Tuesday, January 30, 2024

Forbidden Desire and Blameless Friendships

I should know better than to write about reviews of books rather than the books themselves, but I've been lazy lately, and since this review irritated me enough to start me writing, I'll go with it.  Remember, though, that I haven't yet read the book in question, and that I'm writing about the review.

So I happened on this review at the Guardian's website, of Forbidden Desire in Early Modern Europe: Male-Male Sexual Relations, 1400-1750 by Noel Malcolm, published in December by Oxford University Press.  My beef is primarily with the reviewer, Peter Conrad, who writes as if he's never read a book about gay history before.  While that's true of many people, including gay ones, I expect a little better from a reviewer in a prestigious newspaper.

Evidently the book focuses on the brutal persecution of "the sodomites, as Malcolm grimly insists on calling them," and Conrad says it's all the fault of Christianity as he grimly but pruriently insists on detailing the punishments that our fore-uncles suffered.  "As Malcolm demonstrates, this paranoid bigotry derived from a misreading of scripture. The ungodly city of Sodom is condemned because its inhabitants committed a particularly abominable sin, but the Bible does not specify that this peccadillo was 'male-male sexual intercourse or desire."  Conrad here echoes gay Christian apologetics of the 1960s through the 1990s or so, which argued that the story of Sodom was not about male-to-male buttsex but about violations of hospitality.  This line reached its peak in John Boswell's influential Christianity, Social Tolerance, and Homosexuality (Chicago, 1980), which strained mightily to prove that Christianity was not hostile to homosexuality at all.  Boswell was effectively rebutted by numerous gay scholars, but his work remains popular (if largely unread) by gay laymen.  I'll just note that Conrad overlooks the prohibitions of male-to-male sex in Leviticus (18:22 and 20:13), which commands the execution of both partners, and in Romans 1, without referring to Sodom.  He also overlooks the hostility to receptive partners in Greek and Roman antiquity, expressed in heated rhetoric that presaged the ranting of medieval theologians on the subject.  That hostility is often found among gay men today.  While male-to-male sex was clearly common and popular in Roman society, an equally popular way to discredit one's political or other enemies was to accuse them of enjoying sexual passivity.  This let the accuser wallow in elaborate exciting fantasies about other people's practices, as bigots have done ever since.

The persecutions of sodomites weren't as consistent as Conrad implies either.  That doesn't excuse them, but it does indicate that religion wasn't the only or determining factor.  In Florence, for example, moral panics came and went.  According to Michael Rocke's Forbidden Friendships: Homosexuality and Male Culture in Renaissance Florence (Oxford, 1996), authorities realized that draconic punishments made it harder to get convictions, so they changed the penalties to fines. "Sex here seems to be followed, almost automatically, by excruciating death," Conrad writes; well, sometimes, but not always or "automatically."  If the Florentine sex cops were driven by religious fervor, they should have maintained the beheadings and torture.  Conrad even acknowledges this: "The moral panic whipped up by these prosecutions often concealed squalid financial or political motives. A French assault on the secretive Knights Templar in the 14th century used sodomy as an excuse for confiscating their wealth."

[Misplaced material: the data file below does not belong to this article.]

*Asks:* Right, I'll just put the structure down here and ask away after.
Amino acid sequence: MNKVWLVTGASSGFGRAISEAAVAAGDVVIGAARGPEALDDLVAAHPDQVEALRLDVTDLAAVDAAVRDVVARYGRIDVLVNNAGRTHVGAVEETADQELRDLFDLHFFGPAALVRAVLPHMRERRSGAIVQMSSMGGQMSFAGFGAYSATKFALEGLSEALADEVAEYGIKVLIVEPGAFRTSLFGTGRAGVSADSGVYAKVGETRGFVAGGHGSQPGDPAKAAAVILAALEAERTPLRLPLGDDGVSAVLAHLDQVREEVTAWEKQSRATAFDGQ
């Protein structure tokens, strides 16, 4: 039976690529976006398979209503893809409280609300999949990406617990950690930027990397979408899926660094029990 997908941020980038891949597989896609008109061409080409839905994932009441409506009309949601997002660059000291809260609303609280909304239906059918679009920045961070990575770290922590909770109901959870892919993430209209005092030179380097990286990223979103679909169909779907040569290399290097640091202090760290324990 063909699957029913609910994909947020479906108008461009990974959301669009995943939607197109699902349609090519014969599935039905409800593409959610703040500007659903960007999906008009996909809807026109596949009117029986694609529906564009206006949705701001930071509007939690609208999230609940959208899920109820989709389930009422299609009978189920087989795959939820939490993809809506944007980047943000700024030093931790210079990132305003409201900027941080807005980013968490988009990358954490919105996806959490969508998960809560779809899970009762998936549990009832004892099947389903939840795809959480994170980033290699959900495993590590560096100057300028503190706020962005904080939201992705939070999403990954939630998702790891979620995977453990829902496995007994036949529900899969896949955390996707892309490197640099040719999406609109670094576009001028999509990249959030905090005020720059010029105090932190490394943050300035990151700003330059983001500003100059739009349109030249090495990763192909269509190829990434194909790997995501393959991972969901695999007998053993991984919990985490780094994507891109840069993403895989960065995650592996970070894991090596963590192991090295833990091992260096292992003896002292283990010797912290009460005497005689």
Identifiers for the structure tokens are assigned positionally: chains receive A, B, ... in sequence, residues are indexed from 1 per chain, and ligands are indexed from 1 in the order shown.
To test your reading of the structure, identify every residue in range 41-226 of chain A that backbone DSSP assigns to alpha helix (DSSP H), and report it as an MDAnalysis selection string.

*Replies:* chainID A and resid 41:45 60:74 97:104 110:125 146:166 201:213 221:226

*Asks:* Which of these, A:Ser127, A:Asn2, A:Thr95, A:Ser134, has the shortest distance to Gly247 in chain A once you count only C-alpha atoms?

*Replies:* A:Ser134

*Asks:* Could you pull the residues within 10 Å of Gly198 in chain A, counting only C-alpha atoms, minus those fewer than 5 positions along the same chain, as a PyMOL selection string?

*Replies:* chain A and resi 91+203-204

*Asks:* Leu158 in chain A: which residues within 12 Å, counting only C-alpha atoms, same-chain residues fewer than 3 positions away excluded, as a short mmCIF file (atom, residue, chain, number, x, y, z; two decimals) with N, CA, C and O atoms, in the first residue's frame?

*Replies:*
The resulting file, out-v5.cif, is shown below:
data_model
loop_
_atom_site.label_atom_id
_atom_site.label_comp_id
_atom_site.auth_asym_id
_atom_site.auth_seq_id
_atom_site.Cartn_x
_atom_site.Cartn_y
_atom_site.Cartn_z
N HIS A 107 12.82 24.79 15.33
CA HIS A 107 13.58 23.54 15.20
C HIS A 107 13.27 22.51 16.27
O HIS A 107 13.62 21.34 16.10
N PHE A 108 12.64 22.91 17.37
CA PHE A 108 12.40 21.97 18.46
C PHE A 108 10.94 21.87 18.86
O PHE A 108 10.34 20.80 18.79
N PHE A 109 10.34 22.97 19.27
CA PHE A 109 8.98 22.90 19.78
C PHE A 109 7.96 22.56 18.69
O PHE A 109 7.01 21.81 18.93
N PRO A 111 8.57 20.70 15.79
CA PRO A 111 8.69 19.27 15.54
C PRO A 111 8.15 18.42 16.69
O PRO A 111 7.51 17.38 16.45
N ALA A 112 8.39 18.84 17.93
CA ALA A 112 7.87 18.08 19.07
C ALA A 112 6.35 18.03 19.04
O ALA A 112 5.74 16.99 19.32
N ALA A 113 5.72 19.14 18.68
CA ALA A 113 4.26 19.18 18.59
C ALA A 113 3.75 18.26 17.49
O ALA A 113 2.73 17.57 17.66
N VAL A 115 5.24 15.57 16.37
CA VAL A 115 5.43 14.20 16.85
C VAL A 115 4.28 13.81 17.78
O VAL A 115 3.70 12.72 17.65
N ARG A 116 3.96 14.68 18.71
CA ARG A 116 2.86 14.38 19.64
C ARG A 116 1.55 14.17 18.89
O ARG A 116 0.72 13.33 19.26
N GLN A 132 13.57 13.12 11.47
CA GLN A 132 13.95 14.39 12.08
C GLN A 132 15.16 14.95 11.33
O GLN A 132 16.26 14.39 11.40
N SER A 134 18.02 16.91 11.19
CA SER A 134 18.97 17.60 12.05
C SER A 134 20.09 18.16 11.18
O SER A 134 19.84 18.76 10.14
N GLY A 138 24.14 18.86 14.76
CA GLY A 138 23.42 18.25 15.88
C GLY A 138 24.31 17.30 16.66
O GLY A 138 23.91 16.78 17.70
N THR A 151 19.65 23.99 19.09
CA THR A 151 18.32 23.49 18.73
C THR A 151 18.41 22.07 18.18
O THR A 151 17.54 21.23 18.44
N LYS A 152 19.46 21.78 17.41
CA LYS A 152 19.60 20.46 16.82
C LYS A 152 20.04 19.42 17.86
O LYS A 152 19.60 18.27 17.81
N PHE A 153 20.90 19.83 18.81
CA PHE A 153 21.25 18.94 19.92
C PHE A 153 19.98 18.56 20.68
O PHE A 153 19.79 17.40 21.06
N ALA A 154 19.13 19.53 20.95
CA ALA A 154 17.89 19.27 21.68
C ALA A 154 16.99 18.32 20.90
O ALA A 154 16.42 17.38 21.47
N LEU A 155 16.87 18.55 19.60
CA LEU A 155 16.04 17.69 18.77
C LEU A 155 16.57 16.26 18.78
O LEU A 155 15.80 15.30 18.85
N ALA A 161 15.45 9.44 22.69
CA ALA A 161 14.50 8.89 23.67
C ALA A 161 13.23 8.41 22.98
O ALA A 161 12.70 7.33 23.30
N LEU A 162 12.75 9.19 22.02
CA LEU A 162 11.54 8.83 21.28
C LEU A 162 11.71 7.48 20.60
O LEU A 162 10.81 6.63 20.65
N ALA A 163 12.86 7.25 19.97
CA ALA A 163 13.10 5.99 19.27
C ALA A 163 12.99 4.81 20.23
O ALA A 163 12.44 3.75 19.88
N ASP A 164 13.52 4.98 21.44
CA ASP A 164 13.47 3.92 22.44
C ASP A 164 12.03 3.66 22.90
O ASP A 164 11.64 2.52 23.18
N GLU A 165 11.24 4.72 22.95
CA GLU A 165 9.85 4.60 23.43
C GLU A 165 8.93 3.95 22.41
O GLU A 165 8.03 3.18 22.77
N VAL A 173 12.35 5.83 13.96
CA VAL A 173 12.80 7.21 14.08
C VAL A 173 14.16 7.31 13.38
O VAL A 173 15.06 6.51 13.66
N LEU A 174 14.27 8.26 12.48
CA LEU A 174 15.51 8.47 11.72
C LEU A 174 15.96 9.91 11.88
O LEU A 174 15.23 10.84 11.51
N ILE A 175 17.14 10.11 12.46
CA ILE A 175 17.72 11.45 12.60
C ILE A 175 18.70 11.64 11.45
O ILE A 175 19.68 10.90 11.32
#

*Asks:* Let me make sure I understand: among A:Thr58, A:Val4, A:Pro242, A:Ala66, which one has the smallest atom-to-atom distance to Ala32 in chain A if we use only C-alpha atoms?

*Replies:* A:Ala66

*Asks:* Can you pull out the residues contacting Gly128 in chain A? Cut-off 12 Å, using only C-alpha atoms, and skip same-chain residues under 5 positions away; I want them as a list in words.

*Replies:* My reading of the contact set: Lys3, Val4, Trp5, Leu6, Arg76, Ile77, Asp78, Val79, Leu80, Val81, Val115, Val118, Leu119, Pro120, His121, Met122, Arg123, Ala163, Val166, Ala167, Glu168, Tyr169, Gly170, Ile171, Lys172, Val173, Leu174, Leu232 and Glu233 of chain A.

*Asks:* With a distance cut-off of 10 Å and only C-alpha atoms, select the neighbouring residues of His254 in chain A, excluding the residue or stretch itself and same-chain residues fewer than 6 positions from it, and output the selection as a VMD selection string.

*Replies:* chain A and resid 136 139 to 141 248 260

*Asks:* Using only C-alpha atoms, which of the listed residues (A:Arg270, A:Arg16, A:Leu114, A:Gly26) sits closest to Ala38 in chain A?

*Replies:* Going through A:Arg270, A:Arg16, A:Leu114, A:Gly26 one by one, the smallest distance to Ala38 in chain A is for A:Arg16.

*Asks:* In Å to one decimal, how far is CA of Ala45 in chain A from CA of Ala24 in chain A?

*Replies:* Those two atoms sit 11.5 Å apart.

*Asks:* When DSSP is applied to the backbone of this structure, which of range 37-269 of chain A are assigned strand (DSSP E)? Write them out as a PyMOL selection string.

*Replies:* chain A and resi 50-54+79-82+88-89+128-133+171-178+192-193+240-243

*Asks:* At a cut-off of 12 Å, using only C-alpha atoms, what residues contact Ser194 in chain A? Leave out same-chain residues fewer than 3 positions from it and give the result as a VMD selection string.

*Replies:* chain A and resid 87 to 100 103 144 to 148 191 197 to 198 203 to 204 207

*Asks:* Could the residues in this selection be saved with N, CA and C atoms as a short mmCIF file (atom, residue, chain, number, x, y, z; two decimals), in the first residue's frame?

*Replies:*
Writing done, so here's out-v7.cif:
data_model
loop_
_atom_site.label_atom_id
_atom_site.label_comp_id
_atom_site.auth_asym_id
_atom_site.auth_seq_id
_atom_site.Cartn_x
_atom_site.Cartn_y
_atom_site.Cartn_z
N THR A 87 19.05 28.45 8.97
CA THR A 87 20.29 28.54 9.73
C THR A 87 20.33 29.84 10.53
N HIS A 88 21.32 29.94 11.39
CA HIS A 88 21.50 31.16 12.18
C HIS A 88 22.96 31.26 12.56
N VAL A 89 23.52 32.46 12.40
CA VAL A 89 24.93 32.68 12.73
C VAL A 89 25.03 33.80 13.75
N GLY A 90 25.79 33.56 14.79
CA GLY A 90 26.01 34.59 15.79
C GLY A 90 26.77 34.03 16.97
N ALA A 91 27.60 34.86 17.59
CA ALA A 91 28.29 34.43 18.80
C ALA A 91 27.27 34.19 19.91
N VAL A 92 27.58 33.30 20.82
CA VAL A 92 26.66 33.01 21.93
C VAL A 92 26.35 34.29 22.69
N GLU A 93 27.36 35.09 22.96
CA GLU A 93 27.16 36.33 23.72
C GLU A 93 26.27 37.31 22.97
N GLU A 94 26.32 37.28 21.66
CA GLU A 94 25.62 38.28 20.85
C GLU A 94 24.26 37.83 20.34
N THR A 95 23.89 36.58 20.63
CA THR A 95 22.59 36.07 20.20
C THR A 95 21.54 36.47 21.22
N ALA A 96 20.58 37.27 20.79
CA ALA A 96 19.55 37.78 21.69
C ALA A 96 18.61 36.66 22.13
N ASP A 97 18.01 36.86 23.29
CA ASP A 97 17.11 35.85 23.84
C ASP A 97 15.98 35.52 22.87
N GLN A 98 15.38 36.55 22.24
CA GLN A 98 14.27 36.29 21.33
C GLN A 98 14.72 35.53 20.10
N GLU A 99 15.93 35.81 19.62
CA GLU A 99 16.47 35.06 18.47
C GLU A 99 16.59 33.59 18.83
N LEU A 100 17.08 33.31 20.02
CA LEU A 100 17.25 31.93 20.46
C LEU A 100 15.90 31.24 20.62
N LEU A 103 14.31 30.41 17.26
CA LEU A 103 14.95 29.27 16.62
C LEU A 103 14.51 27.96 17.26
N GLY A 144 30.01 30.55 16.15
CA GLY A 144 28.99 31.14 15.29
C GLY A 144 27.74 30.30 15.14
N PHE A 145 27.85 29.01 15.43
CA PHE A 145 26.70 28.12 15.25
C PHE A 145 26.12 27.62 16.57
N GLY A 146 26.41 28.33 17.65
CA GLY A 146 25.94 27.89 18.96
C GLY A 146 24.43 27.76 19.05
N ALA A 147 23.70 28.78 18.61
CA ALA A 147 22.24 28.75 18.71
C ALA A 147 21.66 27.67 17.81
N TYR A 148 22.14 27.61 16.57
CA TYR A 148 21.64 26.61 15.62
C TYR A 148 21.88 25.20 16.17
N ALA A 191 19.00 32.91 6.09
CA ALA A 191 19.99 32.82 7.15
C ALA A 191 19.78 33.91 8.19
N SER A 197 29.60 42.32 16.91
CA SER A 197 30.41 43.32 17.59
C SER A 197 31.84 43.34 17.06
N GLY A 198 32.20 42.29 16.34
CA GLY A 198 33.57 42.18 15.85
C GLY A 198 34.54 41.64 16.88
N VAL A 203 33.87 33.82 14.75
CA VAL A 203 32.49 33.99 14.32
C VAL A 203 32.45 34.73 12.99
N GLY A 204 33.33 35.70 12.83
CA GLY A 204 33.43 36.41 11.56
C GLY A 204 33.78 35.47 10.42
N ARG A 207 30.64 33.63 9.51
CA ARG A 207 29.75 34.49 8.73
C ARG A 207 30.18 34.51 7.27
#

Conrad may not be aware of it, but gay scholars have been investigating these matters since at least the 1970s.  In addition to Rocke, I think of a paper in The Gay Academic (ed. Louie Crew, Etc. Publications, 1978, pp. 73-78) on a sodomite hunt in the Netherlands that led to the execution of at least fifty-nine men, plus the harassment and expulsion of many more, in 1730.  Jonathan Ned Katz' Gay American History (Crowell, 1976) has a long documentary section on official violence against gay people. Louis Crompton's Byron and Greek Love (California, 1985) details the public torture and executions of English sodomites in the late 1700s. And so on: these are just off the top of my head.  I imagine Noel Malcolm is aware of his predecessors, even if Peter Conrad isn't.

I look forward to reading Forbidden Desire in Early Modern Europe, possibly this year; the Kindle edition is reasonably priced, so I intend to buy it soon.  But I found this bit, the end of Conrad's review, off-putting: "Announcing that he has 'come to this subject with no personal investment in it', Malcolm resists the wishful thinking of historians who double as gay activists and back-project 'anachronistic sexual significances' on to blameless friendships between medieval men."  For a moment it was as if I were reading about a publication from the 1970s or earlier, with the author distancing himself from his subject (he's not that way, he's impartial and objective!), as if anyone cared anymore.  Even worse is that bit about "anachronistic sexual significances" and "blameless friendships."  I've written about that before.  Erotic love relations between men are also blameless, and there's nothing anachronistic about wondering if same-sex friends were also erotic partners. The ancient Greeks, for example, were sure that the Iliad's Achilles and Patroclus were erastes and eromenos - though they couldn't agree on which was which.  If anything, gay scholars like Alan Bray and David M. Halperin have done the opposite of what Malcolm says, denying erotic elements in medieval friendships.  So I'll have to see Malcolm's remarks in their context.